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Honda e:Ny1 (2023 - )

Following on from the Honda e, the Japanese carmaker has launched its second fully electric vehicle into the mix with the not-so-snappy title e:Ny1

Starting price:
£47,195 (before options)

Why we love it:
  • Very easy to drive and charge
  • Modern design with lots of on-board tech as standard
  • Great build quality which is very Honda
Where it could be better:
  • Display and warning light issues in the wet
  • Rivals offer extra driving range and boot space
  • The name is completely unfathomable and quite irritating

Introduction

Honda e:Ny1

Following on from the Honda e, the Japanese carmaker has launched its second fully electric vehicle into the mix with the not-so-snappy title e:Ny1. Yes, it sounds like some sort of mathematical formula and difficult to say, but imagine how hard it is to type time and time again!

But back to the car. The e:Ny1 is a five-door B-segment SUV which Honda claims is aimed at younger buyers. However, with a price-tag the wrong side of £45k that’s pretty unlikely. Realistically, older buyers who are loyal to the Honda brand could see this as a chance to make the switch to full electrification and the combined 256 miles of driving range should fill them with confidence.

Customers can choose between two trim levels called Elegance and Advance and we opted for the range-topping e:Ny1 Advance for our test drive.

Honda e:Ny1

The Honda e:Ny1 is a five-door SUV that’s very easy on the eye when viewed from any angle. It boasts dynamic styling without being over-the-top or garish in any way. It has sleek headlight clusters connected by a fine horizontal LED strip when charging, a smooth front grille that opens outwards to reveal the charging port, rear door handles that are flush to the bodywork and a panoramic glass roof (Advance models only).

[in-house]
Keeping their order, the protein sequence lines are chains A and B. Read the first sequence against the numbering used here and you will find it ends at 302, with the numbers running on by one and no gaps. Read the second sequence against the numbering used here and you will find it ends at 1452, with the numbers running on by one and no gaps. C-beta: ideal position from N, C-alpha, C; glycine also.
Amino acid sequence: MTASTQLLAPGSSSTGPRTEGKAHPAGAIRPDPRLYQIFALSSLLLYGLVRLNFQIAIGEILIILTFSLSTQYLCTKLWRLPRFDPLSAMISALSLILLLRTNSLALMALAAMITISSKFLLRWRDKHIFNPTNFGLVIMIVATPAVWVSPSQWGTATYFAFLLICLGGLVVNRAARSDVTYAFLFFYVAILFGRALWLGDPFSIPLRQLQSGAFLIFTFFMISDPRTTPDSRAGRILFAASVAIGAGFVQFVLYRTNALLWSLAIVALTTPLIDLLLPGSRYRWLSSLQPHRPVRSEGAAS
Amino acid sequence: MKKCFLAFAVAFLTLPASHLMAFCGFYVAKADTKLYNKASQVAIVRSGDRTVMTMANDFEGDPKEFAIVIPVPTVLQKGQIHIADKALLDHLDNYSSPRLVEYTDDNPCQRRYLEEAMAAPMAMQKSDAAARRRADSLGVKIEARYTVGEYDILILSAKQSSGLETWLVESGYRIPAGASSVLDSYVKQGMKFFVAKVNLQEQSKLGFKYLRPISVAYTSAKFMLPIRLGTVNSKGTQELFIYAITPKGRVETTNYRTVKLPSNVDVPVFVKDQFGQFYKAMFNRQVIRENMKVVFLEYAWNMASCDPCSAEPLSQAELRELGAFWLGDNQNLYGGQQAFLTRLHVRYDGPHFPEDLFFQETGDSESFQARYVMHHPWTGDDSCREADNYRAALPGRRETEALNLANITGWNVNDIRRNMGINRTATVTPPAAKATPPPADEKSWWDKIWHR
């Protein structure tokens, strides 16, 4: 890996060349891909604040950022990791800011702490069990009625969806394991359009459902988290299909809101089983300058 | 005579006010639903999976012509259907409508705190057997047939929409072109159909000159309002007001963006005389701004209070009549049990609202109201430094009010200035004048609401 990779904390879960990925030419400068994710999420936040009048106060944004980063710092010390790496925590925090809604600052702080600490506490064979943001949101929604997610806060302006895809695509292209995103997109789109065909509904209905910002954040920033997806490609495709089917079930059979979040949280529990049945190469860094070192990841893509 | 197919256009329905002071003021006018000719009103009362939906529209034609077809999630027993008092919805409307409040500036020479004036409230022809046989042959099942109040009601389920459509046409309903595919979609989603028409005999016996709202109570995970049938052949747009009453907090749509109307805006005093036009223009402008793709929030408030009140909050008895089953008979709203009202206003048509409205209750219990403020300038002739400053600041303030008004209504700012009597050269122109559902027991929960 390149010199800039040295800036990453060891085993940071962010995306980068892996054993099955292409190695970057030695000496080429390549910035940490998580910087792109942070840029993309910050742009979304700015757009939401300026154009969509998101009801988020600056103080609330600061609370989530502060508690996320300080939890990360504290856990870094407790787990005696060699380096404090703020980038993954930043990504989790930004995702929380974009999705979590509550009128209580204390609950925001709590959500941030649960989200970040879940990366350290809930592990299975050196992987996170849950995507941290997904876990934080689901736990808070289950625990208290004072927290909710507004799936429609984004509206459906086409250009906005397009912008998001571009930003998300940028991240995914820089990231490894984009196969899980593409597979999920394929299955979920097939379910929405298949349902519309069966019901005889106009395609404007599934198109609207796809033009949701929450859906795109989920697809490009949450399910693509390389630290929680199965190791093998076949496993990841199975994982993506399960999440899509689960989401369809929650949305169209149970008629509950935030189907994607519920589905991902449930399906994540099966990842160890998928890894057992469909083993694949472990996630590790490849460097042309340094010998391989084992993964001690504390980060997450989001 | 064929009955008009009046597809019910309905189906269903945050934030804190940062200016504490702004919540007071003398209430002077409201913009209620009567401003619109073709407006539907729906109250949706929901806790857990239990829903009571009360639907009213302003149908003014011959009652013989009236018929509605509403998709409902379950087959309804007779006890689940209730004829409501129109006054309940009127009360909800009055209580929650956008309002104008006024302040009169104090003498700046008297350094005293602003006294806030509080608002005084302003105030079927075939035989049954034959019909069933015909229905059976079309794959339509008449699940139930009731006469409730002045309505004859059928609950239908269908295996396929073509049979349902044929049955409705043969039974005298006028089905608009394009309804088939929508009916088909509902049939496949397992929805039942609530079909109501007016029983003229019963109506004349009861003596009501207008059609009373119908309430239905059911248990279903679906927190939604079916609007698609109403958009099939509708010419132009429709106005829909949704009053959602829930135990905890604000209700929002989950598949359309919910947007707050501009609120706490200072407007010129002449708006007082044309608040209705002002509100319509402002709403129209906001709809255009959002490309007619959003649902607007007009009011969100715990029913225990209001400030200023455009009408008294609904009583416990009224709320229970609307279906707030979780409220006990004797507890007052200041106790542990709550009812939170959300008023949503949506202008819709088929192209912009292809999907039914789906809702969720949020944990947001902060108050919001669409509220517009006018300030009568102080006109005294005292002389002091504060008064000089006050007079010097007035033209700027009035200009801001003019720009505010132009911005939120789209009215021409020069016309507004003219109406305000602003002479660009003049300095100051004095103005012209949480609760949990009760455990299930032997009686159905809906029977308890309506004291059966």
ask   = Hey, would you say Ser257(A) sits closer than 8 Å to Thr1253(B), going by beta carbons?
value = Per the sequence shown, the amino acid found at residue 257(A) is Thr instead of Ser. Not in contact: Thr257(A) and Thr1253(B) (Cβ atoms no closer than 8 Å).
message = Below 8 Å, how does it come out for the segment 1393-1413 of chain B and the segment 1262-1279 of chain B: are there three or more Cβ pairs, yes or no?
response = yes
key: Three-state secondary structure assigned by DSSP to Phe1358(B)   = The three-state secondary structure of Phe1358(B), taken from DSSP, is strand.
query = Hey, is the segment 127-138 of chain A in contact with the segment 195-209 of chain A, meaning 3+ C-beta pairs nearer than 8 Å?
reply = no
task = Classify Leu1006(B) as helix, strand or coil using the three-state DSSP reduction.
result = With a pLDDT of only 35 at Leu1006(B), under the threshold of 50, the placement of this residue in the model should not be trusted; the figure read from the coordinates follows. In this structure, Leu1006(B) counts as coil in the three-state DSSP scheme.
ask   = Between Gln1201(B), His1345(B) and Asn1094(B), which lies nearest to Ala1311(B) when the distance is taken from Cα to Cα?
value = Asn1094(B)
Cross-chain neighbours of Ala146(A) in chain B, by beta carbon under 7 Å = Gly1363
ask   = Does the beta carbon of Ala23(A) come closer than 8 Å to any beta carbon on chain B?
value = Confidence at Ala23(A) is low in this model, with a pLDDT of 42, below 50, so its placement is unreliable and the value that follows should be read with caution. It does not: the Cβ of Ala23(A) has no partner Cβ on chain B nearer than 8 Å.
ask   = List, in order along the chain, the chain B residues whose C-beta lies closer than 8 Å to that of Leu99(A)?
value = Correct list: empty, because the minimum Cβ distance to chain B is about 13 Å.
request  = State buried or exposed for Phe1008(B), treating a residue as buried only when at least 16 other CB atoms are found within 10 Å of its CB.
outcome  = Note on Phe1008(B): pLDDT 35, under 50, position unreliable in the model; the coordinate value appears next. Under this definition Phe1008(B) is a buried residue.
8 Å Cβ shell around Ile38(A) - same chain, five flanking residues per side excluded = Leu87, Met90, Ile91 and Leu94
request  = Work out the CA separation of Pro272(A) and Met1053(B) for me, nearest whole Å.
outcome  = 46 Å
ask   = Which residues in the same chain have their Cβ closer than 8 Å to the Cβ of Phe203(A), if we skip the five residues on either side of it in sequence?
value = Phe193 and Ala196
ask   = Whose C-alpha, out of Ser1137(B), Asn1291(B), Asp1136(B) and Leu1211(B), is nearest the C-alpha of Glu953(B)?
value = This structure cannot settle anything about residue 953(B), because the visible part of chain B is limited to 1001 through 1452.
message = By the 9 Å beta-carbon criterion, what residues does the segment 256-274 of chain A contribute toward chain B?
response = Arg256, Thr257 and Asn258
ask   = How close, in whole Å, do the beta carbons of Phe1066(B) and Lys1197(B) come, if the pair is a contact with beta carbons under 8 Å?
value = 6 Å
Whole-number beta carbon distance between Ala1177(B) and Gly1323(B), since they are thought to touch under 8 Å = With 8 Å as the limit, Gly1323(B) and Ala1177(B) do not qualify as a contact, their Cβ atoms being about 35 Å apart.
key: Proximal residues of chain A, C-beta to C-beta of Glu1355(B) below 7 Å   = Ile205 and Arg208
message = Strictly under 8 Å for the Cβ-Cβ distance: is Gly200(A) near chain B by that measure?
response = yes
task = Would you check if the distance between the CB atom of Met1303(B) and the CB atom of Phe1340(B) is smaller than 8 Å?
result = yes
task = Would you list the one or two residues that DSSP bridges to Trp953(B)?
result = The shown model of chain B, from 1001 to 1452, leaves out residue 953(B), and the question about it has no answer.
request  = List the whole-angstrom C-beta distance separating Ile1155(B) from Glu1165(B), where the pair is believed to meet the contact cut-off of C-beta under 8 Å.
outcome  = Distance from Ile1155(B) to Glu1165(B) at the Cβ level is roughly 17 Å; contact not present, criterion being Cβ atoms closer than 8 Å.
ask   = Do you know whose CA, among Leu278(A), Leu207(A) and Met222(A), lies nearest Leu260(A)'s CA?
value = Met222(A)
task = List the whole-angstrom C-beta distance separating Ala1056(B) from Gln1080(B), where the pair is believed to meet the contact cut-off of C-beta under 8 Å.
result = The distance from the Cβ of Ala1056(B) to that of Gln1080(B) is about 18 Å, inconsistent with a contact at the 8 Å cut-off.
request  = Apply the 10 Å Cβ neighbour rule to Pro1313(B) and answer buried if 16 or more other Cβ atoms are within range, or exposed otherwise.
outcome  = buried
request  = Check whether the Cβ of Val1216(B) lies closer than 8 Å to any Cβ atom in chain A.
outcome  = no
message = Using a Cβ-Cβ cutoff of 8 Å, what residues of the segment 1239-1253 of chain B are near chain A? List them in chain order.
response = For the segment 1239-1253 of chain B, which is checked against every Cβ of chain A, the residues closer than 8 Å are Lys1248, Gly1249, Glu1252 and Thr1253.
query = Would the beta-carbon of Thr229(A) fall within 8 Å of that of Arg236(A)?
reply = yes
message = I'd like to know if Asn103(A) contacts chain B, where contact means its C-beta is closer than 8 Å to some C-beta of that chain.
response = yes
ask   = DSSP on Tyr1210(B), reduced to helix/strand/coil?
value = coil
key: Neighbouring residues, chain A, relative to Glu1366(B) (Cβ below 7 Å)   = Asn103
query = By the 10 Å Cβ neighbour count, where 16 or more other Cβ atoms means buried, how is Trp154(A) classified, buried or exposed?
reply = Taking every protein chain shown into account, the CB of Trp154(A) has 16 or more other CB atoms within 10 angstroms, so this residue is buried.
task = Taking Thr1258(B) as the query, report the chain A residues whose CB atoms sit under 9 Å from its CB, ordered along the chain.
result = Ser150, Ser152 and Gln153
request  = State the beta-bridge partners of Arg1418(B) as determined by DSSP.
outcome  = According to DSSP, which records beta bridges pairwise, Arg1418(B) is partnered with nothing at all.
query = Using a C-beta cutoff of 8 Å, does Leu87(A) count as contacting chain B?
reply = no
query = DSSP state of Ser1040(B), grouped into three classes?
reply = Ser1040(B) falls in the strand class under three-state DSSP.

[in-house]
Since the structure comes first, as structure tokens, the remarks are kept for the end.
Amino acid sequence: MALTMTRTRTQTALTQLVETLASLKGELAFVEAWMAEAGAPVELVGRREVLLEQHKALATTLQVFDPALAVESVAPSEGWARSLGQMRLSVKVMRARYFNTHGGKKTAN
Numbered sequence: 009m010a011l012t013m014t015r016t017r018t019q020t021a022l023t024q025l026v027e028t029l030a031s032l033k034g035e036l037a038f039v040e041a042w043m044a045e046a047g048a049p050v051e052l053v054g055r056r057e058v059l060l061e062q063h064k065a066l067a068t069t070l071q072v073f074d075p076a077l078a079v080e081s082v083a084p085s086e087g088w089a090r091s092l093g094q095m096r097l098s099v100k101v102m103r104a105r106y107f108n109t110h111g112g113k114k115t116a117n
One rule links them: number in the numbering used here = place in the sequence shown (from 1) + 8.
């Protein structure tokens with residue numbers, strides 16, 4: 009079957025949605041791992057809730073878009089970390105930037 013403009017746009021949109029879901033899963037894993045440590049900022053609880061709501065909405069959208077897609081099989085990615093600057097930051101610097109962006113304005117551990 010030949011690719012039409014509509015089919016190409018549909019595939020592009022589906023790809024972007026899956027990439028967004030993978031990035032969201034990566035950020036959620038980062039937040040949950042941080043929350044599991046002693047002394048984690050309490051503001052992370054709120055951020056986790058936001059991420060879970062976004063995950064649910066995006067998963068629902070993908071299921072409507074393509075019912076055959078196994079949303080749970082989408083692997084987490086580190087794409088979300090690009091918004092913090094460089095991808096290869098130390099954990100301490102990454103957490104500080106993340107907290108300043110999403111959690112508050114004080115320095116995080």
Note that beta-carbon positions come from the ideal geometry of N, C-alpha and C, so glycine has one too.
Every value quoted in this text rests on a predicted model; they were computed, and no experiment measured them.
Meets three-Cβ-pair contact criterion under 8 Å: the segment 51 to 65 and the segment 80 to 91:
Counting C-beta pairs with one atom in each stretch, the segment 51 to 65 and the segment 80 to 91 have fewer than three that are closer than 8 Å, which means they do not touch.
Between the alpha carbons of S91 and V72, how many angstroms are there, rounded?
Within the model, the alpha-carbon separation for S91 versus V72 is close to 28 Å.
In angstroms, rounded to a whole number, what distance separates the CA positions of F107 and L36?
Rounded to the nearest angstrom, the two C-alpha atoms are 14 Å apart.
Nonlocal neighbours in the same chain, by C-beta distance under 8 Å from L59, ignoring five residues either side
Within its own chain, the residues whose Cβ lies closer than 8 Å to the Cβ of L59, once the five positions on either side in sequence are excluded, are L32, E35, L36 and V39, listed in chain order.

The rear lights are connected by a full width light bar, while there is white Honda badging with the name HONDA in place of a badge at the rear, plus large 18-inch alloy wheels.

Moving inside, the interior is modern, clutter-free and very upmarket with powered and heated synthetic leather seats, along with a heated leather steering wheel.

The main focal point is an oversized upright 15-inch navigation touchscreen which is very Tesla-esque. At the top of the screen is the navigation section while the climate settings are located at the bottom. In-between, you will find other features such as Apple CarPlay and Android Auto connectivity, DAB radio, Bluetooth, six-speaker premium sound system, rear view camera and much more besides.

Front and rear parking sensors are practical, while our Advance grade also featured Honda Parking Pilot which will virtually park the car itself with a little driver input.

Behind the steering wheel is all the important driving data such as speed, battery charge and driving range. This is also where all the driver assistance aids can be viewed.

On The Road

Honda e:Ny1

Handling & Performance

Powering the front-wheel drive e:Ny1 is a high-performance 68.8kWh battery driving a single motor. It delivers 204Ps and 310Nm of torque resulting in a 0-62mph sprint time of 7.7 seconds and top speed of 99mph.

Honda claims the vehicle’s chassis and powertrain have been engineered to deliver a fun and confidence-inspiring driving experience and we have to agree. Yes, there are more exciting EVs out there with more exhilarating performance, but the Honda is a great all-rounder. 

It won’t pin you to the back of your seat when you touch the throttle, but there is always plenty of power on tap for bursts of pace and that helps make light work of overtaking slower-moving vehicles.

There are three drive modes called Econ, Normal and Sport with the Econ setting reducing the throttle response, air conditioning, heated seats and the heated steering wheel to save energy. By contrast, Sport mode is far more responsive with edgier handling.

The paddles can be used to increase or decrease the levels of regenerative braking, but single-pedal driving is not an option, which is a shame. 

Performance-wise, the e:Ny1 is well balanced on twisting B roads, a comfortable cruiser on motorways and easy to manoeuvre in busier town centres with steering feel that errs on the light side.